Patricia Feinberg Stoner Interview

Patricia Feinberg Stoner is a British writer: a former journalist, advertising copywriter and publicist. After graduating from Trinity College Dublin she joined a local newspaper, The Liverpool Daily Post, as a trainee. Quickly discovering she was a terrible reporter, she switched to feature writing and since then her career has revolved around the written word.

What inspired you to write?
I've always written, ever since I can remember. My first job was as a reporter with the Liverpool Daily Post (in UK) - and I was terrible! As soon as possible I switched to feature writing and, when inspiration struck, to comic verse.

Did the inspiration to write come to you suddenly, or had you been thinking about it some time?
For this particular book: while we were living in France there were so many funny incidents and so many bizarre encounters that I started keeping a diary.

How did you tell your story? In other words, did you use an outline, or just write your story from start to finish?
The diary morphed into a series of articles for a magazine and I ended up writing a column for about 18 months. Eventually I sat down and crafted these into a reasonably coherent narrative. I didn't exactly have an outline, but I used the framework of how we came to buy our house in France, how we ended up living there full-time and our decision, eventually, to return to England.

Did you receive any encouragement from family and friends, or did you work on your book alone?
My husband, as always, was massively supportive - he is a writer himself. I think a lot of my friends thought it was a grand idea but would never happen. My colleagues in Arun Scribes, and especially Angela Petch and Rosemary Noble, supported me and kept me (relatively) sane throughout.

What was the most difficult part of writing your book?
I think the structure. The writing was never a problem, I had endless material, but turning it into something which held together as a book was difficult.

What was the most enjoyable aspect of writing your book?
Always, the memories it brought back.

Did you experience any personal transformation after the book was published?
I think I surprised even myself by sticking to the project and finishing it. I don't know if this is personal transformation, but I came out determined to carry on writing and publishing.

What’s something that gets in the way of your creativity?
Technology! I hate it and I love it. Publishing as an indie author has been a massive learning curve (I now know what a mobi file is, for heaven's sake!) but I hate the fact that learning new techniques took time away from the bits I like: the writing and the promotion.

What strategies do you use to deal with criticism?
Always to listen to people I respect, and then take what I need and ignore the rest. I have learned not to take constructive criticism personally, but remind myself that it is up to me in the end to choose what I write and how I write it.

Are you working on a new book at the moment? What are you up to nowadays?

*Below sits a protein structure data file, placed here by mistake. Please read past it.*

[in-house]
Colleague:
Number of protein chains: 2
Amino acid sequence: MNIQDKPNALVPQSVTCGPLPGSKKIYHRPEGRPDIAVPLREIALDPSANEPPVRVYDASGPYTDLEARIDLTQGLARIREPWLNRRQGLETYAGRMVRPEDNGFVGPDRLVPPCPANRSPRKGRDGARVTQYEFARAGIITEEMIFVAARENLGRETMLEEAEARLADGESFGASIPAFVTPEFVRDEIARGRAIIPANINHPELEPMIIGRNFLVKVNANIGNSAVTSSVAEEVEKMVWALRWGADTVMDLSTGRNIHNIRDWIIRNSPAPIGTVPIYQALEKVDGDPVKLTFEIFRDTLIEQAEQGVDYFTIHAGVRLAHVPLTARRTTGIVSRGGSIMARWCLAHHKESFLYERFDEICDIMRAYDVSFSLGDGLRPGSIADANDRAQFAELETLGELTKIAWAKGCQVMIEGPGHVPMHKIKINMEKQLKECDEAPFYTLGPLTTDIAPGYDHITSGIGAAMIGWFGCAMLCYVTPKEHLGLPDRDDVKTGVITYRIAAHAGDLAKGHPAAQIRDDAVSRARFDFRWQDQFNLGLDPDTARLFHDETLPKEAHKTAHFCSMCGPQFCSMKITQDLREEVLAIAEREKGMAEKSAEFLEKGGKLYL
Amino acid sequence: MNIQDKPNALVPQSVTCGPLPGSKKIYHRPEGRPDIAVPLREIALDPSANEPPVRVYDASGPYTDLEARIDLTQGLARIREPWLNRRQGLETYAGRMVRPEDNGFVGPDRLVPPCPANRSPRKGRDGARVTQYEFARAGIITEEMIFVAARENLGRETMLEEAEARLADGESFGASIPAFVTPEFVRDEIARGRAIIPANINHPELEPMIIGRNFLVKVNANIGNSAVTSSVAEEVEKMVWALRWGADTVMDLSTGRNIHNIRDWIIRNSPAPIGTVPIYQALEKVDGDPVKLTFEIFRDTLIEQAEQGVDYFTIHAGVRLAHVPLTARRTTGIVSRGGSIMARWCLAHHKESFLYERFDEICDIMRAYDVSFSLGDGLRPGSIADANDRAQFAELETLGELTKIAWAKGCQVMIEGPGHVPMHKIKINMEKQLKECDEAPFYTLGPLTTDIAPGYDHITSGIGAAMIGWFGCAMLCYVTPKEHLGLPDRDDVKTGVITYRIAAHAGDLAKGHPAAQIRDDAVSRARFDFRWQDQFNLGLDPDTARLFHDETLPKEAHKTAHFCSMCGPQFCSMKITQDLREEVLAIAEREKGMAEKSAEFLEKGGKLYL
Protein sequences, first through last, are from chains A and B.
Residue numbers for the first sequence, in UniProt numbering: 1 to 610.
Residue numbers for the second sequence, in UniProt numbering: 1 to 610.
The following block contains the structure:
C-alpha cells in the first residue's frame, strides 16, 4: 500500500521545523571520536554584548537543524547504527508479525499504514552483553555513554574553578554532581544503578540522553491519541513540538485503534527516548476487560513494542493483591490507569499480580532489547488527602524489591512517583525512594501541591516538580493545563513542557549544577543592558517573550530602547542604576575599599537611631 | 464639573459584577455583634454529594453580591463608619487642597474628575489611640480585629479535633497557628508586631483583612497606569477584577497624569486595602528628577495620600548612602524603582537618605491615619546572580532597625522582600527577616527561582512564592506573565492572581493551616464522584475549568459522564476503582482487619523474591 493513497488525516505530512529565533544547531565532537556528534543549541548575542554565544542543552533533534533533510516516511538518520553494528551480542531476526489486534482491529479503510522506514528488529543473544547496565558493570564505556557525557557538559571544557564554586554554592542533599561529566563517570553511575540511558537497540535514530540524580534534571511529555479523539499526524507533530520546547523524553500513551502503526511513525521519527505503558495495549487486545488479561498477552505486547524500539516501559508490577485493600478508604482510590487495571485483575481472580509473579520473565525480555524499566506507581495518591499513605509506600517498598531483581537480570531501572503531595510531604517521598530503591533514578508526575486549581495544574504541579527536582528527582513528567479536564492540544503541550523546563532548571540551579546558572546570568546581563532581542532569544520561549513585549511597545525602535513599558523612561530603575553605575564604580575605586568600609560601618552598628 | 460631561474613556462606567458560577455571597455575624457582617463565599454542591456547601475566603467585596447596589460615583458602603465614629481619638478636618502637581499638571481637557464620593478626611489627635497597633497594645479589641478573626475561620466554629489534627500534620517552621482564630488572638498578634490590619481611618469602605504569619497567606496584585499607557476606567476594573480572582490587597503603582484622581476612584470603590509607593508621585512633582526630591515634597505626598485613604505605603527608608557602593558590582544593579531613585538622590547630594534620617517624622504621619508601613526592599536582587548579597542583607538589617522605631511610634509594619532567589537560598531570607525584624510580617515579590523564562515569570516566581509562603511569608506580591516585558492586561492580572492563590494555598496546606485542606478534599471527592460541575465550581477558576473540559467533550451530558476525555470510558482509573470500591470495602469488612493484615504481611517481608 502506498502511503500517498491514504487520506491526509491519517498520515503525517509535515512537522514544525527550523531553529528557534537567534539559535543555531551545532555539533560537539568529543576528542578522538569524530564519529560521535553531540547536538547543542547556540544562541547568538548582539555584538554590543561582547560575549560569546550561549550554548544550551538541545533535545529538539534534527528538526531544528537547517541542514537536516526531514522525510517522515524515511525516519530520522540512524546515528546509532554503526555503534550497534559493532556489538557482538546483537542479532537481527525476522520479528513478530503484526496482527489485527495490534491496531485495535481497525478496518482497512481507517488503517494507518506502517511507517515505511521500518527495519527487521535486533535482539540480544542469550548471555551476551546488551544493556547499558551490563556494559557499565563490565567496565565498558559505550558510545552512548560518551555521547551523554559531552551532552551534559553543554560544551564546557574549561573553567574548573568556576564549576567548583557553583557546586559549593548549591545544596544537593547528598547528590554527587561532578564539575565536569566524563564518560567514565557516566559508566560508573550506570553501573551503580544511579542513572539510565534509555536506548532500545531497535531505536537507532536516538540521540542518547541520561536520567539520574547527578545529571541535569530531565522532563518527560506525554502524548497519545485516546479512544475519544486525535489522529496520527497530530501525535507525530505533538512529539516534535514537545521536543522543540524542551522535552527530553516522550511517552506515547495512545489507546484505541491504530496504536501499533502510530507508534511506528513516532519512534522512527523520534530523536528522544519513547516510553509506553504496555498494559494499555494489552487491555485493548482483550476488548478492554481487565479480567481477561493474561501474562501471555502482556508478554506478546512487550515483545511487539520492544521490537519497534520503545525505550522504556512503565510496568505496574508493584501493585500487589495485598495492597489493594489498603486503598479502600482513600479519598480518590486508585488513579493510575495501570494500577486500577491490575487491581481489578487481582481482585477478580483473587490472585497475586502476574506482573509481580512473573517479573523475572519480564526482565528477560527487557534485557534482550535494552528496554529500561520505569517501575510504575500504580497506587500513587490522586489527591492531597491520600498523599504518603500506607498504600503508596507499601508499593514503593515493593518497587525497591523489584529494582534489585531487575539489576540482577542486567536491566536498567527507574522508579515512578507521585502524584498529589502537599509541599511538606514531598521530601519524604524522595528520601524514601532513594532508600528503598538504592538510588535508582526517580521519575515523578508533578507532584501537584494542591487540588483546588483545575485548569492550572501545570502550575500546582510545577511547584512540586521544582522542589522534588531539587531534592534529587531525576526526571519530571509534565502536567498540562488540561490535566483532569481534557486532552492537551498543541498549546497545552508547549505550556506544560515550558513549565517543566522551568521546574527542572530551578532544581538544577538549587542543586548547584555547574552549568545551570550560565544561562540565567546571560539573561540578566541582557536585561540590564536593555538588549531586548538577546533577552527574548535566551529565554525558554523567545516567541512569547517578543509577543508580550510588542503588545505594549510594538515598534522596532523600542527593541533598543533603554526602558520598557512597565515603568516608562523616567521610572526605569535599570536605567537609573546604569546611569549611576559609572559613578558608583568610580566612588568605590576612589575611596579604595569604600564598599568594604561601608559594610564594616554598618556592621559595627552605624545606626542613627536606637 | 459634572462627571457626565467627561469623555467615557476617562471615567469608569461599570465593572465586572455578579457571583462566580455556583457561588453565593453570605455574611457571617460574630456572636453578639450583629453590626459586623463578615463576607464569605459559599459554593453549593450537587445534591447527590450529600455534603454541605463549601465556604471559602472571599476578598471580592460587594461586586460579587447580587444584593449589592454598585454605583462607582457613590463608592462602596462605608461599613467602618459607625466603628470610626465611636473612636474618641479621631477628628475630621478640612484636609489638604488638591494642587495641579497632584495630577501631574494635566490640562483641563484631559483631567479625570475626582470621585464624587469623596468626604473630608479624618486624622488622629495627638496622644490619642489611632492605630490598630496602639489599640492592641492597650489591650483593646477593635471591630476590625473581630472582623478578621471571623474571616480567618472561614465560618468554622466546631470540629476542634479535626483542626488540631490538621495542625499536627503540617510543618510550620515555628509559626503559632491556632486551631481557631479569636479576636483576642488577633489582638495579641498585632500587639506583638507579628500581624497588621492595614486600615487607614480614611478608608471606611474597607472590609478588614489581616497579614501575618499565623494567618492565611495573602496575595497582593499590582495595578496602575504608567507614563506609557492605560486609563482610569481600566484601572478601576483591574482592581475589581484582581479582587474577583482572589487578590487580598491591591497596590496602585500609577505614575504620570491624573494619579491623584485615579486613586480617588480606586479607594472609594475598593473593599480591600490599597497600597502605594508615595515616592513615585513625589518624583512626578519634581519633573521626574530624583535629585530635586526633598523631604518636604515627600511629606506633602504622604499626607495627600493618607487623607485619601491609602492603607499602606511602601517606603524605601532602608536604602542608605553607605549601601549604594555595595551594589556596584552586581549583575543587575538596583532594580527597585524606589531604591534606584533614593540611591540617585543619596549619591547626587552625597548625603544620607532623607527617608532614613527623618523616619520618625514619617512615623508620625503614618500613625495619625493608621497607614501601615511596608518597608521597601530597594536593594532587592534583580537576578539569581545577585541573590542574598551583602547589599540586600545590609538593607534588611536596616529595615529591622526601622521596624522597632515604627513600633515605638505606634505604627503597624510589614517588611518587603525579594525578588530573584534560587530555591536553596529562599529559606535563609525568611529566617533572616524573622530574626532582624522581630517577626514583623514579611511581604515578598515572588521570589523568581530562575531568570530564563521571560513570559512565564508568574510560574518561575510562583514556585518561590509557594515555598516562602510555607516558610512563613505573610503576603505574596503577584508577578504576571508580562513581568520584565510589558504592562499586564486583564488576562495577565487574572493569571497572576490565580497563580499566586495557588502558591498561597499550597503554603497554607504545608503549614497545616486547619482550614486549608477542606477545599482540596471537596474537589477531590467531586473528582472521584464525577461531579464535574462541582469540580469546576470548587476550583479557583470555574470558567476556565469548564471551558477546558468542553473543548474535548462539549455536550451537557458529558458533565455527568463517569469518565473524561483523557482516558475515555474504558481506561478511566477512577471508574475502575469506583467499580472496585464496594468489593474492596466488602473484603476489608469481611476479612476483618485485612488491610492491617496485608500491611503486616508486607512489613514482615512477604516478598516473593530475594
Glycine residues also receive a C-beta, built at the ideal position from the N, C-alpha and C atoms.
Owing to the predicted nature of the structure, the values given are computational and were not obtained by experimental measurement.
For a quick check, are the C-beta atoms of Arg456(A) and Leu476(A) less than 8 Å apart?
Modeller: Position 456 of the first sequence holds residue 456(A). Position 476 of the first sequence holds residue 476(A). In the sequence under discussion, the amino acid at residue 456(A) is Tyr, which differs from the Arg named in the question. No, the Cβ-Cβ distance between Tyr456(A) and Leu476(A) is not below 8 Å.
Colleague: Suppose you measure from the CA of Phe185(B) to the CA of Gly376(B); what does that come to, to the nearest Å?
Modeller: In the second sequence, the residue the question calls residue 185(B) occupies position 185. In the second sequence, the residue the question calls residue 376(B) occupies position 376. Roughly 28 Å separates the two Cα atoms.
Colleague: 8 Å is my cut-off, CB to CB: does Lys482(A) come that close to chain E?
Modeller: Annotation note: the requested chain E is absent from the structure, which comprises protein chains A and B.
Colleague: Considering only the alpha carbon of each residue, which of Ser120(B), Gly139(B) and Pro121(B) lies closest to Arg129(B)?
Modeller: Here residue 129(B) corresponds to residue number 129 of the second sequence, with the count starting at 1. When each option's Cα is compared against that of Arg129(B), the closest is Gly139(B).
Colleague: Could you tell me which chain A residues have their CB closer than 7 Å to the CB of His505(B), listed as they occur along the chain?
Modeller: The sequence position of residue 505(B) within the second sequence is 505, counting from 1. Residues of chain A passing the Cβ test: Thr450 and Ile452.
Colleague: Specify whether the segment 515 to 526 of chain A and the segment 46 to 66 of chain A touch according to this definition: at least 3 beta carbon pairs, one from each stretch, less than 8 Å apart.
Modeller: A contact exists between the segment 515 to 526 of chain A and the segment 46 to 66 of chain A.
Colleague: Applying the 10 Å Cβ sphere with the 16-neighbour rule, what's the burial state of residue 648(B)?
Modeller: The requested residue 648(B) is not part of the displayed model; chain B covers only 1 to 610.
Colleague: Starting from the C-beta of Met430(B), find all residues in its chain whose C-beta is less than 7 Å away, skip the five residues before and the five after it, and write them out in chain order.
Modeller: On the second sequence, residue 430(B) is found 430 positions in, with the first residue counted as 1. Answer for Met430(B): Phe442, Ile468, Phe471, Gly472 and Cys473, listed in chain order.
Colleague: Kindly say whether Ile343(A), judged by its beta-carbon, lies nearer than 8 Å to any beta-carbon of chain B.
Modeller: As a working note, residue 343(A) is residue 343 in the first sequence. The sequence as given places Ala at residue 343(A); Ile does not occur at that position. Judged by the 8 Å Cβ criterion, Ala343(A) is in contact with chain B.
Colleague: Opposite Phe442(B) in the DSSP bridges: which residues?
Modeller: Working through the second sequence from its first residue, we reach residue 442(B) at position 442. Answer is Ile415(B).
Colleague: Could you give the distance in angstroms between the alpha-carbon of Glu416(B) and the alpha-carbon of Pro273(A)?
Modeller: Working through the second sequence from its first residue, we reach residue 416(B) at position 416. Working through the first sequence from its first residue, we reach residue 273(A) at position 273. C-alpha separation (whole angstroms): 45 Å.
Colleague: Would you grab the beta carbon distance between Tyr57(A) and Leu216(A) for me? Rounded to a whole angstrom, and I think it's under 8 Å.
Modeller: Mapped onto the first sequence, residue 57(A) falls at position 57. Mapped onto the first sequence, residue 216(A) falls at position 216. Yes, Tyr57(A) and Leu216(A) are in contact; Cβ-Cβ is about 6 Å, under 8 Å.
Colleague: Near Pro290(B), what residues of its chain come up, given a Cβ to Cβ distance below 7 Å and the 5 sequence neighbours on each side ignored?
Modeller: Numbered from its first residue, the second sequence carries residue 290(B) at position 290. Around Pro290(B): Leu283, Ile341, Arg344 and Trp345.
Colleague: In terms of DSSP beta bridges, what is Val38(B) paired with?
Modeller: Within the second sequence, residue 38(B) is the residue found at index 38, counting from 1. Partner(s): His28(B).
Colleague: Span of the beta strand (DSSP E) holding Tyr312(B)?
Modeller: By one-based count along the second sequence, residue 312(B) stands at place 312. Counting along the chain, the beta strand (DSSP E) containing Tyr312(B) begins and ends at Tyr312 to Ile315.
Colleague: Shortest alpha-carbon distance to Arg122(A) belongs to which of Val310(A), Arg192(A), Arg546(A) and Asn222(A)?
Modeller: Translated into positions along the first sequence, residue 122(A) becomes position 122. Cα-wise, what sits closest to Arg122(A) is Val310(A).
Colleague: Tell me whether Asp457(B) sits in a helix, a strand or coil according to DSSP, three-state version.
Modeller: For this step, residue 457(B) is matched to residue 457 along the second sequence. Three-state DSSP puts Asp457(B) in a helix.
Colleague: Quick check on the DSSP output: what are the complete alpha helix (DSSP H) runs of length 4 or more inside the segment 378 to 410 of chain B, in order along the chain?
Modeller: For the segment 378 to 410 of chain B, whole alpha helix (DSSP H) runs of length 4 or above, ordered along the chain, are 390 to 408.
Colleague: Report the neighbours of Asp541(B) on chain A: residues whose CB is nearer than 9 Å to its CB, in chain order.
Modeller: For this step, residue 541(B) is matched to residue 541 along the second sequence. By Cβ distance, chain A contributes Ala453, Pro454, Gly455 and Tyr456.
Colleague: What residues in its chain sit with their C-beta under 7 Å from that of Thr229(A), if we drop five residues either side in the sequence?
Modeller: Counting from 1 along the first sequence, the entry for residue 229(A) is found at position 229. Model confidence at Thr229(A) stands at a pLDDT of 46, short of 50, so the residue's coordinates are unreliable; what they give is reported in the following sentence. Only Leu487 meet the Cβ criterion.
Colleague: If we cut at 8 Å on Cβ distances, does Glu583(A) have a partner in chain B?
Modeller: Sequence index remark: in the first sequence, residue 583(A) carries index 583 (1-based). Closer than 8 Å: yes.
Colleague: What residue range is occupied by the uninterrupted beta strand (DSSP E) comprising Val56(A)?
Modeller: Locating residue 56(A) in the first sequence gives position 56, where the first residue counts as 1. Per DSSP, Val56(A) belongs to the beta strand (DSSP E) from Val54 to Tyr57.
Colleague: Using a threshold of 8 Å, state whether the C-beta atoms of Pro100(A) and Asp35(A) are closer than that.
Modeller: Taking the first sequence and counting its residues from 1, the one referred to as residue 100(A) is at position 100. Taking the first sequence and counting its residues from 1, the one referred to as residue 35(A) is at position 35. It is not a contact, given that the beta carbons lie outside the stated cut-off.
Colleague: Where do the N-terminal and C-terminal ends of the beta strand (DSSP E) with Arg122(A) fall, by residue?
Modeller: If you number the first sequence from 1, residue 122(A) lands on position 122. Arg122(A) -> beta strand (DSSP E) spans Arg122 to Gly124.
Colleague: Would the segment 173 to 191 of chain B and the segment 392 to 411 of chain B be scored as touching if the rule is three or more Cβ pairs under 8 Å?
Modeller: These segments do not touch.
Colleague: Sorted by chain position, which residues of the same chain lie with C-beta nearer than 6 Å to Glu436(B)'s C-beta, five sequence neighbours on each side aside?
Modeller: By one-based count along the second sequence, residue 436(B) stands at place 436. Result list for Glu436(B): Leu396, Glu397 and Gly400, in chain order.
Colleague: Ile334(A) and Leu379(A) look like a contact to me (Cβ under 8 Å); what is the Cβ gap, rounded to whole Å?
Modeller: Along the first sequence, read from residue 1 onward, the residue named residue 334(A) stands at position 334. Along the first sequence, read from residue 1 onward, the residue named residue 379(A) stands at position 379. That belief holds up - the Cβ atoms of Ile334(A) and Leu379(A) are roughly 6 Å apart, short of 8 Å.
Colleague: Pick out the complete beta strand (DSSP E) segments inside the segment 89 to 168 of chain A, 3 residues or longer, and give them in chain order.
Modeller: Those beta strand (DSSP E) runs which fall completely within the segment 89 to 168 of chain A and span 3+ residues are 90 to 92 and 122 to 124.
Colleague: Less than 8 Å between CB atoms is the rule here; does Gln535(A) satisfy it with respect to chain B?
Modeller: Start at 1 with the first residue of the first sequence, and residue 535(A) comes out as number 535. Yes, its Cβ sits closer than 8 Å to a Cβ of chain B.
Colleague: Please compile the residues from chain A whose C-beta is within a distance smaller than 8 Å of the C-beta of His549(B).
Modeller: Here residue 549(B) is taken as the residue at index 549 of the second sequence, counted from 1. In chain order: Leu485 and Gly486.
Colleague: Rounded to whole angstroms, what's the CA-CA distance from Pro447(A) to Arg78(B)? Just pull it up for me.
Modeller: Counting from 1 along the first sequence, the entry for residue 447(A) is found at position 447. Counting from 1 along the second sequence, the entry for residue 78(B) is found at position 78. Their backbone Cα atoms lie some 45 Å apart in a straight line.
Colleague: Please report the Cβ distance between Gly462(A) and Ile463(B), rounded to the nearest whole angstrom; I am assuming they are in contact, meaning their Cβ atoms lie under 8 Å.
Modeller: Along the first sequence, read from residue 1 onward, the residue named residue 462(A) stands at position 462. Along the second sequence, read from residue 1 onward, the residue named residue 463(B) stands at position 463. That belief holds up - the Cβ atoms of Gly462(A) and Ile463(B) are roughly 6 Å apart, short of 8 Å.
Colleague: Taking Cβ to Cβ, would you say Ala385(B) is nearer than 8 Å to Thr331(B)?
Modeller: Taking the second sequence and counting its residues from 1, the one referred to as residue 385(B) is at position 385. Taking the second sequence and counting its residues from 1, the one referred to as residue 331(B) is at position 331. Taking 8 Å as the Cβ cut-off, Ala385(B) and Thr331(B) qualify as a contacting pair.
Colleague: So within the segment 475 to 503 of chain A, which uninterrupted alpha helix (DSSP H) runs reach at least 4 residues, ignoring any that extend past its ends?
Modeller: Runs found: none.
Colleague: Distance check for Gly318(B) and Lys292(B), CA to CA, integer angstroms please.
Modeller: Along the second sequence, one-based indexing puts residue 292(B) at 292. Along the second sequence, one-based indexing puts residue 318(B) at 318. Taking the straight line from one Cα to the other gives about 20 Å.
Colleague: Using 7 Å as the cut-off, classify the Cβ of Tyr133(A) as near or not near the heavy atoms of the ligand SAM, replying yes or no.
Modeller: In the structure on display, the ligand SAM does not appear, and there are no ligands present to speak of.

I am working on two books. 'Morbignan Tales' is going to be a collection of short stories, based round the village and the characters of 'At Home in the Pays d'Oc'. I've got about half of it written but I really have to get down to it soon.

Also in the pipeline is 'The Little Book of Rude Limericks' which I want to have ready in time for Christmas - it's going to be very much a stocking filler. When we used to drive down to France I amused myself on long journeys by making up limericks based on the names of town we passed through - or, in one case, the toll booth:

On the new Autoroute des Plages

If you meet a girl, curvy and large,

Who says ‘Veux-tu, chéri?’

Don’t go thinking it’s free:

The transaction is strictly péage.

What I'm getting up to apart from writing and (still) making up silly limericks is publicity and promotion. My two Arun Scribes colleagues - Angela Petch and Rosemary Noble - and I are hoping to go on the talking circuit locally to speak to anyone who is interested in self-publishing. I'm spending a lot of time on Facebook and Twitter to network with people, too. I still have to make time for my elderly dog and somewhat less elderly husband: we all go for a walk on the beach every morning and then buy coffee and sit by the sea and put the world to rights.

Do you have any author appearances coming up and/or are you doing any books giveaways or contests?
Nothing immediate, although as I said above we hope to be speaking to some groups later this year. When I launch Rude Limericks I am planning to do a giveaway of my first book of comic verse, 'Paw Prints in the Butter', at the same time.

Where did you grow up and what is your favorite/worst childhood memory?
I grew up in London. My favourite memory is holidays we took in an old-fashioned farm cottage in Cornwall. When we first went there it had no electricity and we were lit with oil lamps and my mother cooked on an old range.

Do you have a favorite quote?
'For those who like that sort of thing, that is the sort of thing they like.' (Muriel Spark, 'The Prime of Miss Jean Brodie')

What is your favorite show on TV?
The Big Bang Theory

Favorite movie?
The Italian Job - the Michael Caine version.

Favorite book?
This varies, but I love anything by David Mitchell or Terry Pratchett.

Who would you want to meet if you could? Dead or alive.
The French singer Georges Brassens. Sadly I never got to see him perform.

Is there a talent you wish you had?
Yes - I wish I could sing (or even carry a tune).

What’s something about you that would surprise us?
I seem to work hard, but actually I'm quite lazy.

Describe yourself in 3 words!
Determined, humorous, nosy.